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'Gang' of workmen cut down protected tree by Gallows Hill Lane, Abbots Langley
A 50 foot oak tree in Abbots Langley protected by a preservation order has been chopped down by workmen who "hid their faces as they left the site".
The tree was felled on Tuesday after nearby residents witnessed a "gang" of workmen enter the site.
The site, formerly an extension to a Gallows Hill Lane garden, is located between the back gardens of the lane and Hazelbury Avenue. This area of 0.4 hectares is a green oasis that supports a wide range of flora, insects, birds, small mammals and reptiles.
A developer applied on four occasions to Three Rivers District Council to build luxury houses on the site. The first application, made in 2009, was refused on several grounds including failure to meet national and local planning policies. Further applications followed in 2010, 2011 and 2012.
Three Rivers also turned these down for a number of reasons including cramped and contrived layouts, and because a group of protected trees blocked the line of a new access road to the proposed estate. In all four cases the developer appealed to the national Planning Inspectorate who upheld the Council's decisions.
Nearby residents who witnessed the incident inspected the cut down trunk and branches. George Johnson, of Hazelbury Avenue, said it "gave a clear indication that a very healthy tree had been sacrificed".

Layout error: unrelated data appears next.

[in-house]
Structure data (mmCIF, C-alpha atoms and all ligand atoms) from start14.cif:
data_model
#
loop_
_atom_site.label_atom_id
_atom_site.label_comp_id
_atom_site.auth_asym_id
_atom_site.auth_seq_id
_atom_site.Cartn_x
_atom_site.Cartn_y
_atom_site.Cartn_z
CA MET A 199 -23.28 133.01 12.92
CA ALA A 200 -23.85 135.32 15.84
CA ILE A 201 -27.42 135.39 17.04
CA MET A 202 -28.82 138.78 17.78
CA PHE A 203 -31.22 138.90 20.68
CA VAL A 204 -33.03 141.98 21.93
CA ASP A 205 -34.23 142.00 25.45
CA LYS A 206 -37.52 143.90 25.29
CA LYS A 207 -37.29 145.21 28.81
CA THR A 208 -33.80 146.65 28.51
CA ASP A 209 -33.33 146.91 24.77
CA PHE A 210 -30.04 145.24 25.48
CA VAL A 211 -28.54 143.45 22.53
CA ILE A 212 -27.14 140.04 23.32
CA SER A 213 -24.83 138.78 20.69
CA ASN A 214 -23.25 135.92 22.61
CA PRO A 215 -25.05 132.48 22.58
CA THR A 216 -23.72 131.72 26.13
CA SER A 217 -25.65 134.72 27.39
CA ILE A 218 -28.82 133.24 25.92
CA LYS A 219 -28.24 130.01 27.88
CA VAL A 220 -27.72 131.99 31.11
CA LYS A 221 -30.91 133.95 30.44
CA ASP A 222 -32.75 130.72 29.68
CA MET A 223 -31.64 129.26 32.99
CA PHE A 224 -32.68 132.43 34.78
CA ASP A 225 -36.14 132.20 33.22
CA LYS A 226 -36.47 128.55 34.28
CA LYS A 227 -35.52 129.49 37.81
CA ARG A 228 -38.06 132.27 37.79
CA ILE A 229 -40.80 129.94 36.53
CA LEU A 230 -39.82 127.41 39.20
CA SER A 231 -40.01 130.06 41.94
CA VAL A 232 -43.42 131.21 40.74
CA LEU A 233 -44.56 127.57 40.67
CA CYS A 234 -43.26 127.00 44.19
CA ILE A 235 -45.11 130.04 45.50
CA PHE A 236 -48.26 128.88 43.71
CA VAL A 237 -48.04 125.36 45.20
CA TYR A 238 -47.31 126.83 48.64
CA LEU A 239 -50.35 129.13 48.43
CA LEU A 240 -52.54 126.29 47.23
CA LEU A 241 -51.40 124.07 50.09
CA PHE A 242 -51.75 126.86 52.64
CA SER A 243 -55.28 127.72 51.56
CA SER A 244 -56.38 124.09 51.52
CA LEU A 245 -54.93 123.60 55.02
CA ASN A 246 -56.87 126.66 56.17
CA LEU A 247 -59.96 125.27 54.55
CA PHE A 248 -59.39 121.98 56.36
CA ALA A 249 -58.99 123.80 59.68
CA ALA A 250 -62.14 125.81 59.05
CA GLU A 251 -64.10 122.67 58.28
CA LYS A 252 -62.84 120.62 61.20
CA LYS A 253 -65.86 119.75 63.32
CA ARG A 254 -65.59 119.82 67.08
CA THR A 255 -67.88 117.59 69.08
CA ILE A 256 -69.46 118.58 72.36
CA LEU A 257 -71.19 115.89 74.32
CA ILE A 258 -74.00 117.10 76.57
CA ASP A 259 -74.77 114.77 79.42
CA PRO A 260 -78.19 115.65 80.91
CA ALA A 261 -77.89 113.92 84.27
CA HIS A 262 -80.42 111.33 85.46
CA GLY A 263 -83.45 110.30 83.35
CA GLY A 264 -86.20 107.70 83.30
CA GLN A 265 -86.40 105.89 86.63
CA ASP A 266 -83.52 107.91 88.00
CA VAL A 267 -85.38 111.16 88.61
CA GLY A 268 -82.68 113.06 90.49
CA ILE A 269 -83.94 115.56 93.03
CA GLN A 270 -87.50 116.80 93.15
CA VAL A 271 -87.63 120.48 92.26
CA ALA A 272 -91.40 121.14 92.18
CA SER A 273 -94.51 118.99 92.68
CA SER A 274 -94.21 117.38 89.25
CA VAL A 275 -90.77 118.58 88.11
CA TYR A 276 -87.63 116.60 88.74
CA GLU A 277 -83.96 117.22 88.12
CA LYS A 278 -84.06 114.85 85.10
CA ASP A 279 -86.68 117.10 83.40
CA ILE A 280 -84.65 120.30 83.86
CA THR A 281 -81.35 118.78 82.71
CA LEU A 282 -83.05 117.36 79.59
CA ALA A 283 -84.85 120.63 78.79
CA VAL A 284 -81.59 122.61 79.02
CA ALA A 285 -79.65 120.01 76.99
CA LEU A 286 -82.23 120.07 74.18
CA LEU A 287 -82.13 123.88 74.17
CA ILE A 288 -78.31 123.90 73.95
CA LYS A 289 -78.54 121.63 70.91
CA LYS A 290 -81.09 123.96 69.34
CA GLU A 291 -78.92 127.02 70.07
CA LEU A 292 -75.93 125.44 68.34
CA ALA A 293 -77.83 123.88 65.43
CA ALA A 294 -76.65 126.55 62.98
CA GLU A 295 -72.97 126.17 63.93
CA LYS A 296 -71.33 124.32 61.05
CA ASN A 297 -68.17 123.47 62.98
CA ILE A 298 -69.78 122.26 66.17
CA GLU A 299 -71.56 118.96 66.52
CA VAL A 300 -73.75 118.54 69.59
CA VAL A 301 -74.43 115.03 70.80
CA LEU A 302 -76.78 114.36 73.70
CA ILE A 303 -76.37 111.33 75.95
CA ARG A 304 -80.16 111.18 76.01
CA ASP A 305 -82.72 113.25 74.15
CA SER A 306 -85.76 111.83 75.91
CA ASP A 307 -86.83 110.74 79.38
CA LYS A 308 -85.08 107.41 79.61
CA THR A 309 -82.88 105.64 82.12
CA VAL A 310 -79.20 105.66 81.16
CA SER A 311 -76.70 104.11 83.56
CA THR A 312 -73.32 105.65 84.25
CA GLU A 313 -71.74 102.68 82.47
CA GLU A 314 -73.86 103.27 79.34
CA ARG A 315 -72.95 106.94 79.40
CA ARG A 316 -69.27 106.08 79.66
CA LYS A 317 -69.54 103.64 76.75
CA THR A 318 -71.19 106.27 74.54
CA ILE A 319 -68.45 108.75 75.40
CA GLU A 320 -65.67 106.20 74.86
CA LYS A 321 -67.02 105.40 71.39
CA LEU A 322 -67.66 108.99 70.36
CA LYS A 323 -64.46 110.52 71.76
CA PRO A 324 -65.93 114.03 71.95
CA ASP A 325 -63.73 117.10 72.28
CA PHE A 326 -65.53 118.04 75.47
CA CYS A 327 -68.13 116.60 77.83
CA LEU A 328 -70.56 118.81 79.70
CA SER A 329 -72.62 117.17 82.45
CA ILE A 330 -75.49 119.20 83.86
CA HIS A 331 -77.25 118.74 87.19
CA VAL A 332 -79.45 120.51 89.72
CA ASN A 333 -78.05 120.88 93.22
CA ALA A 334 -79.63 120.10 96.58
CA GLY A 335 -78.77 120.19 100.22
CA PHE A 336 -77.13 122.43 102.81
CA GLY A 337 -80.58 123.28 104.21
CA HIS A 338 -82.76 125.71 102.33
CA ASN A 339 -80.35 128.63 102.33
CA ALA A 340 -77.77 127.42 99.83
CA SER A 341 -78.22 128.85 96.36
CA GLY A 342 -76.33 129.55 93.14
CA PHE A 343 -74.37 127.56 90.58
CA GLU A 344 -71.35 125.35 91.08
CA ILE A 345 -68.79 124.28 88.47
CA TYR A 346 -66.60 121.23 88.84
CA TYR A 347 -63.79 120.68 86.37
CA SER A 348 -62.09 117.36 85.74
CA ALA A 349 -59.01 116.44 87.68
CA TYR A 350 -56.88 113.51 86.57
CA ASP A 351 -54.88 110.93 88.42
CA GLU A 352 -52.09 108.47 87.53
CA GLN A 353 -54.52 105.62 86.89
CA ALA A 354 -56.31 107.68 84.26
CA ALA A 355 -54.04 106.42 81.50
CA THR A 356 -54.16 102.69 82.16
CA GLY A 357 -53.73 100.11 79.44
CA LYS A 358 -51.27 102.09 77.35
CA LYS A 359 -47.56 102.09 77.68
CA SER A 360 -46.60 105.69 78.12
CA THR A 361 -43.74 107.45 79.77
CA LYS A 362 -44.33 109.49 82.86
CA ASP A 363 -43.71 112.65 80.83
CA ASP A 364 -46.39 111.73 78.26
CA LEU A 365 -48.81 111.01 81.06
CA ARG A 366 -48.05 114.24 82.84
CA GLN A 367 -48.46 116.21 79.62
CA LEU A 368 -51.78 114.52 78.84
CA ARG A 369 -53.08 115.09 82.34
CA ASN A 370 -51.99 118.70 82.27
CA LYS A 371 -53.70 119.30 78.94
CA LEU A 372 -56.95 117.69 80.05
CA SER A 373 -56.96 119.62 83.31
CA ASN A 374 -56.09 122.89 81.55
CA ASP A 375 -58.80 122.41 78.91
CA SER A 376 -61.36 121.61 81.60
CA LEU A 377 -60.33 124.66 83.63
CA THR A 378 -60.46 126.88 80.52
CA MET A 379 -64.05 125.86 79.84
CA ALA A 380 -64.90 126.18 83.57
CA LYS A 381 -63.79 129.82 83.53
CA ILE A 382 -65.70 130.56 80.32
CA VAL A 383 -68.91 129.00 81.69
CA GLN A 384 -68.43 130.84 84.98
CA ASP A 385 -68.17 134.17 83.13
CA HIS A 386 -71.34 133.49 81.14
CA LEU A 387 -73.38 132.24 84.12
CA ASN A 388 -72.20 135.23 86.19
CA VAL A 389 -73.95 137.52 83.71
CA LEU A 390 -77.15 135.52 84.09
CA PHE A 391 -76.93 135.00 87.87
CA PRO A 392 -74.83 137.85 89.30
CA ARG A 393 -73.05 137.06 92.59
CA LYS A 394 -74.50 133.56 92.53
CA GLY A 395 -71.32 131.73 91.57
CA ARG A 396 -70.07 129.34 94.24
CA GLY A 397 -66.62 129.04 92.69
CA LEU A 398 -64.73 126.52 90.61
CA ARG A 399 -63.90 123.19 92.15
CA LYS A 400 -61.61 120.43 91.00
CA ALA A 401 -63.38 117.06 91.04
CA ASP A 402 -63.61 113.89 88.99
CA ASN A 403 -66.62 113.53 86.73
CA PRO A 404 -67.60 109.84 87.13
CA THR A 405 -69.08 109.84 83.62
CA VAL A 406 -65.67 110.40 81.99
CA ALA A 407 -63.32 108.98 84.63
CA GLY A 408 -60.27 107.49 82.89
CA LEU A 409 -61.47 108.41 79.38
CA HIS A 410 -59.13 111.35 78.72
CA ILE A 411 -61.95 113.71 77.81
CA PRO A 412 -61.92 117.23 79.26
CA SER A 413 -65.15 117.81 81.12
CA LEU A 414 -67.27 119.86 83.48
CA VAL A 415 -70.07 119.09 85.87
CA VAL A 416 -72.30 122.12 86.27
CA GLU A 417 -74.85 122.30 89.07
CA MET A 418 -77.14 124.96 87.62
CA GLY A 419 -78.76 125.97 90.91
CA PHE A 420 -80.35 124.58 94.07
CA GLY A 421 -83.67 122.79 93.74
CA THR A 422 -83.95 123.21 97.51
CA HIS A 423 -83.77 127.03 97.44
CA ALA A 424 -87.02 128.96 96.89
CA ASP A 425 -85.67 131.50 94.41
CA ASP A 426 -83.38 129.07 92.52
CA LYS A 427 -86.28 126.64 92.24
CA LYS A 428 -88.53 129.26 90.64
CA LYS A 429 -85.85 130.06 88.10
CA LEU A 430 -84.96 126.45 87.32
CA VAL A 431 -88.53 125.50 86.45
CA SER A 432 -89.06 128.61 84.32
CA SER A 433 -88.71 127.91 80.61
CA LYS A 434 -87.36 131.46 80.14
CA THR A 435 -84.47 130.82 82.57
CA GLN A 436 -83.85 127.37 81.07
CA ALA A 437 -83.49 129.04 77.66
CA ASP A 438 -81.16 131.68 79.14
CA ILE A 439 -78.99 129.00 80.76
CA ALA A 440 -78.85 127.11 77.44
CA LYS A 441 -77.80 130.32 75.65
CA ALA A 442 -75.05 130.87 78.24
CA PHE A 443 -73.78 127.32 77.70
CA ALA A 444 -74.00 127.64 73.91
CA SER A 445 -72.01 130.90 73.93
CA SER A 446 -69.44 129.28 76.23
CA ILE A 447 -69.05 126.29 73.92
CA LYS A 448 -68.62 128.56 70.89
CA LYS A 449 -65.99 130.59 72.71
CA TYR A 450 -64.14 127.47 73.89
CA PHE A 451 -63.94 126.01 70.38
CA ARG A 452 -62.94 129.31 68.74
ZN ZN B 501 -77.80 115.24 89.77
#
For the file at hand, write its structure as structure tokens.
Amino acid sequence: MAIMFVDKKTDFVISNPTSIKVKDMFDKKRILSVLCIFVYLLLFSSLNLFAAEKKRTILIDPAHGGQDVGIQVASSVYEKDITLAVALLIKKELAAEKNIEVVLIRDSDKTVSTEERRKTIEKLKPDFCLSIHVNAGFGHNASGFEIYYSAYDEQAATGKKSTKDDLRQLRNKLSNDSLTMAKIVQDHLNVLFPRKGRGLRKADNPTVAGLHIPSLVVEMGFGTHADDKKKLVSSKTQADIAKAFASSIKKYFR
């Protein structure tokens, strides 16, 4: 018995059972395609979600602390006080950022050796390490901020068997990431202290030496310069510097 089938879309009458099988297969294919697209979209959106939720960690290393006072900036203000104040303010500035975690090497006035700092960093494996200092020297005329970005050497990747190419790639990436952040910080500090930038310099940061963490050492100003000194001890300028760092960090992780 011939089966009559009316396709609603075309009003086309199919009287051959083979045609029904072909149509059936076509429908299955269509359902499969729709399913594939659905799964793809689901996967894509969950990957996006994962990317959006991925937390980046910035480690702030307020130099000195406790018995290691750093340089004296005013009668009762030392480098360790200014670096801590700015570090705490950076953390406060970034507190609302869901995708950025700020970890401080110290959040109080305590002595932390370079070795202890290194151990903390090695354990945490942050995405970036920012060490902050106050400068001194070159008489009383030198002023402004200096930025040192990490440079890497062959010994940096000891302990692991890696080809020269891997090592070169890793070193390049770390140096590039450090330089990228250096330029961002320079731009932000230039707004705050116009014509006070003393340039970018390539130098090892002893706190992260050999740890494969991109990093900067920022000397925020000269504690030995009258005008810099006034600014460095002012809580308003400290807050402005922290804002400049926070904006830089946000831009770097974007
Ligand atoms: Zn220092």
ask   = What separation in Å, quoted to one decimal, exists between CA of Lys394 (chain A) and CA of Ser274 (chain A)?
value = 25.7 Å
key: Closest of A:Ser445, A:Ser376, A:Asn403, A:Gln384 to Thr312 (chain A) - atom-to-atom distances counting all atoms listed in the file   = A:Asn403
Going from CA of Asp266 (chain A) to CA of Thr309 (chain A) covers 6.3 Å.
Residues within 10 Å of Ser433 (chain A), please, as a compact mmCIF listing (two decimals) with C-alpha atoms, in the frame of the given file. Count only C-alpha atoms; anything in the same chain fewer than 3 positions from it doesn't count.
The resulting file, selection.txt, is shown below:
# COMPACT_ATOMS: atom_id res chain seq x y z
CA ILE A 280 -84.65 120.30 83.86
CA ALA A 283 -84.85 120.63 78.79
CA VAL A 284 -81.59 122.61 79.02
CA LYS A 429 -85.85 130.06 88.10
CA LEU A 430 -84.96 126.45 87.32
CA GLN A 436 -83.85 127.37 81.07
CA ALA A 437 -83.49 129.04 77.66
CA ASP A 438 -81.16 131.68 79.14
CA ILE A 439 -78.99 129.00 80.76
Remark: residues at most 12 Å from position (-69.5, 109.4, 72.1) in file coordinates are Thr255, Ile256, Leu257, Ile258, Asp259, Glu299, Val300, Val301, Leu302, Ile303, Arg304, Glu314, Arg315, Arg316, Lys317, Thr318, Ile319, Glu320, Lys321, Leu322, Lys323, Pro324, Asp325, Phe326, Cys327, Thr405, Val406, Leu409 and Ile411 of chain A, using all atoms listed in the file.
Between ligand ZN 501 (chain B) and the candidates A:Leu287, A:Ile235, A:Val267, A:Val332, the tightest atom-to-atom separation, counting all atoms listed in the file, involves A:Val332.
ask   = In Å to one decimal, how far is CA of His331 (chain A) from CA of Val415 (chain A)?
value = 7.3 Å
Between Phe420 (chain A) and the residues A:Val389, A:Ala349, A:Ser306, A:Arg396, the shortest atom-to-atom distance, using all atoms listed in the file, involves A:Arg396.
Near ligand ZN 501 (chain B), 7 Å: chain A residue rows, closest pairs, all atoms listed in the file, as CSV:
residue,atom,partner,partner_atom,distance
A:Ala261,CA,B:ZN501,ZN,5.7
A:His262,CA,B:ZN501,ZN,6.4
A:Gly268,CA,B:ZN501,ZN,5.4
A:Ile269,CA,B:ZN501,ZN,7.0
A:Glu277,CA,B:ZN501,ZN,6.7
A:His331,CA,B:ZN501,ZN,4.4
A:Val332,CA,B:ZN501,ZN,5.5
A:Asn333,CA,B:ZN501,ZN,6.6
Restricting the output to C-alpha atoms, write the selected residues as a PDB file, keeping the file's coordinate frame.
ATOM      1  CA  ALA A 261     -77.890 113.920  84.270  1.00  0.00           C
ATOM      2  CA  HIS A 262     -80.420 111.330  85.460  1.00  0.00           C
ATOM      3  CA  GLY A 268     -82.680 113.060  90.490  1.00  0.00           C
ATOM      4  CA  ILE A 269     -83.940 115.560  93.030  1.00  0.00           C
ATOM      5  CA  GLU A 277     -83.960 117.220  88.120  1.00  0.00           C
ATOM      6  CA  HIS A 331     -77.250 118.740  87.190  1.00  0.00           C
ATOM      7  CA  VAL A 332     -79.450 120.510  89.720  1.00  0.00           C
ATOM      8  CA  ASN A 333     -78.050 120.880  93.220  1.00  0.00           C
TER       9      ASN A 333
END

Julie Hughes, Principal Landscape Officer at Three Rivers District Council, said: "The oak tree was protected by a Tree Preservation Order, we are aware that the tree was removed on Tuesday, October 9 and that we are currently investigating the matter."
Mr Johnson said a survey was paid for by the developer in 2009 which suggested that the oak could be dangerous, but an assessment carried out by a Three Rivers officer as recently as October 4 indicated that it was safe.
He said: "When challenged, the gang claimed that they had authority to carry out the work and asserted that they were doing so because the council would not do the work itself and hid their faces when a photo was taken as they left the site. Three Rivers later confirmed that no application had been made to work on any of the protected trees on the site and had not approved any such work."
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